For StrongDM customers, we’ve done the difficult work of integrating Cedar into our Dynamic Access Management Platform. Utilizing Cedar policies for fine-grained authorization requires no rewrites to your existing applications. Amazing! 

Cedar Policy Management & Administration

Policy management and policy administration, though closely related, serve distinct functions within an organization's security framework.

Policy Management

Definition and Revision: Policy management primarily involves the creation, updating, and deletion of security policies. It entails defining the rules and conditions under which resources can be accessed within a system.

Deployment: It includes deploying these policies across the organization's network, ensuring they are applied correctly wherever necessary.

Monitoring and Enforcement: Policy management also involves monitoring the enforcement of these policies and making adjustments as needed to maintain the desired level of security.

Compliance Checking: Ensuring that the set policies comply with external regulations and internal standards is a part of policy management. 

Performance Monitoring: Monitoring how policies affect system performance and making necessary adjustments falls under policy management.

For effective Cedar policy management across different applications, a centralized policy repository is essential. It acts as a single source of truth for all authorization policies, ensuring consistency in enforcement across applications. Automated deployment pipelines are another critical requirement, facilitating the swift propagation of policy updates across different environments. Real-time monitoring and alerting mechanisms are also vital to keep track of policy enforcement and to identify any anomalies promptly.

policy-library-cedar

The robust Strong Policy Engine by StrongDM™ is powered by the Cedar Policy Language. This enables distributed enforcement of centralized policies, creating a secure and unified access control framework across your infrastructure. The engine allows for policy evaluation with sub-millisecond response times, aligning with the high-performance standards that StrongDM users expect.

With centralized policy management policies are written once and enforced everywhere. StrongDM simplifies policy mangement by extending existing RBAC and ABAC policies 
with new signals and controls. This centralized approach streamlines administration, reducing the complexity of access control. With StrongDM, you can establish security measures that are uniformly enforced across all your diverse applications and infrastructure components. It builds upon the natural strengths of these resources by adding layers of security policies, thereby improving the existing controls and safeguards.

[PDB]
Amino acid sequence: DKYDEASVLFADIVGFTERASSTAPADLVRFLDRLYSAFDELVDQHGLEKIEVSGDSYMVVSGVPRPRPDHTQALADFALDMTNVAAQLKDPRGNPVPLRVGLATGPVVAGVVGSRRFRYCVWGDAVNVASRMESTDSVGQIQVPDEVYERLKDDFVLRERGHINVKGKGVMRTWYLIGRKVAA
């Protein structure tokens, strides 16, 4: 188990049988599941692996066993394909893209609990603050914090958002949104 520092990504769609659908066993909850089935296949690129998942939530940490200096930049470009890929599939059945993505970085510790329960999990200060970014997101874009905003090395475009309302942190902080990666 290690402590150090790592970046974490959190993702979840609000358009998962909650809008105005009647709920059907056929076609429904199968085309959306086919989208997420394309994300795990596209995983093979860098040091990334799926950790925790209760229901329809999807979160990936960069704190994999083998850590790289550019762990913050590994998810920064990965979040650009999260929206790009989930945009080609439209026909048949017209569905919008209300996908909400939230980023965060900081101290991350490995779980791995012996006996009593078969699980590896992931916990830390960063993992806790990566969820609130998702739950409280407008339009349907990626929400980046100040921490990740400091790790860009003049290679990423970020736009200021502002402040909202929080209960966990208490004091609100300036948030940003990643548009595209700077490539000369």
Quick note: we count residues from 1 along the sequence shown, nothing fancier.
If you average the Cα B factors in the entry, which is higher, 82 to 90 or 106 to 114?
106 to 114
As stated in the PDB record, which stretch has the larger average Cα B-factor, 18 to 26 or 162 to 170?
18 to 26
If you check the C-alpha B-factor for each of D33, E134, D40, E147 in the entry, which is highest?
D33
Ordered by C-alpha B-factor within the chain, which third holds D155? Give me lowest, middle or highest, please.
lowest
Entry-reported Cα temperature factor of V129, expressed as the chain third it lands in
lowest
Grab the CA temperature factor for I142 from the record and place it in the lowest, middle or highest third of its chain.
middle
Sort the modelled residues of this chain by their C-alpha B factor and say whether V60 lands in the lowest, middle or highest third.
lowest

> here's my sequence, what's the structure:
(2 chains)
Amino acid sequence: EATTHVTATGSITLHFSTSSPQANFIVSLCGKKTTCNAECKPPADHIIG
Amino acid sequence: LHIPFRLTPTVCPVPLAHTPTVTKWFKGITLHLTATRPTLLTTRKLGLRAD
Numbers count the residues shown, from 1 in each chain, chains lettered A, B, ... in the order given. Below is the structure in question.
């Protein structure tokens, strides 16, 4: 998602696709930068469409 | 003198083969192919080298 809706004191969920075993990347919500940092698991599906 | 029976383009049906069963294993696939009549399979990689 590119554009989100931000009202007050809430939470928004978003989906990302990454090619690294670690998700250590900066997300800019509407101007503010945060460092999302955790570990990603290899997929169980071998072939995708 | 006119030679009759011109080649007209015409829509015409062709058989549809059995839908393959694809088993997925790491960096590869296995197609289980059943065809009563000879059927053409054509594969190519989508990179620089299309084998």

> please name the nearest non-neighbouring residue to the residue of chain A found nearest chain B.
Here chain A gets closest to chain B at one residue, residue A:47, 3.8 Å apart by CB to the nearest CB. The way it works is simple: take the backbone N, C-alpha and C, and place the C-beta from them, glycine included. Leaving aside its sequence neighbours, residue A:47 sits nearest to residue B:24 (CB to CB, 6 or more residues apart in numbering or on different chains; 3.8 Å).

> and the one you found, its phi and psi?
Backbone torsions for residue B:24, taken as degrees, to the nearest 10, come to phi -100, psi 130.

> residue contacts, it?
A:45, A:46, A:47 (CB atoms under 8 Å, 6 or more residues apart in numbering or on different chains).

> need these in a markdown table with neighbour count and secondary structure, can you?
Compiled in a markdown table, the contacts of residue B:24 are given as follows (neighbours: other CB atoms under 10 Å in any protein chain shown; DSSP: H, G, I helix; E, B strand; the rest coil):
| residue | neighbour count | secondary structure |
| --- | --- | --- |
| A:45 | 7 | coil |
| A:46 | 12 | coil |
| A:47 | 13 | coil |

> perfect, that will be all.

Cedar Policy Management & Administration

Policy management and policy administration, though closely related, serve distinct functions within an organization's security framework.

Policy Management

Definition and Revision: Policy management primarily involves the creation, updating, and deletion of security policies. It entails defining the rules and conditions under which resources can be accessed within a system.

Deployment: It includes deploying these policies across the organization's network, ensuring they are applied correctly wherever necessary.

Monitoring and Enforcement: Policy management also involves monitoring the enforcement of these policies and making adjustments as needed to maintain the desired level of security.

Compliance Checking: Ensuring that the set policies comply with external regulations and internal standards is a part of policy management. 

Performance Monitoring: Monitoring how policies affect system performance and making necessary adjustments falls under policy management.

For effective Cedar policy management across different applications, a centralized policy repository is essential. It acts as a single source of truth for all authorization policies, ensuring consistency in enforcement across applications. Automated deployment pipelines are another critical requirement, facilitating the swift propagation of policy updates across different environments. Real-time monitoring and alerting mechanisms are also vital to keep track of policy enforcement and to identify any anomalies promptly.

Policy Administration

Centralized Control: Policy administration usually refers to the centralized control and oversight of all policy management activities. It's about overseeing how policies are created, modified, and deleted.

Access Control: This includes managing who has the authorization to create, modify, or delete policies, thereby ensuring only qualified individuals can make changes to policies.

Audit Trail: Maintaining a comprehensive audit trail of all policy changes, including who made the changes and when, is a crucial aspect of policy administration.

Reporting and Analysis: Generating reports and analyzing data regarding policy enforcement, violations, and compliance levels fall under policy administration.

Training and Awareness: Ensuring that staff is adequately trained on policy-related matters and is aware of the importance of compliance is also a part of policy administration.

​​Having centralized administration for managing and monitoring Cedar policies is crucial. It simplifies governance by consolidating management and monitoring into a single point, providing clear oversight on policy enforcement and compliance. Centralized administration is necessary for compliance auditing as it offers a coherent audit trail of policy configurations and enforcement actions.

In a nutshell, policy management is more about the lifecycle of the policies themselves (creation, deployment, monitoring, and enforcement). In contrast, policy administration is about governance, control, and oversight of policy management activities. Both are crucial for maintaining a robust and compliant cybersecurity posture within an organization.

The Cedar Policy Language: Features, Syntax and Ecosystem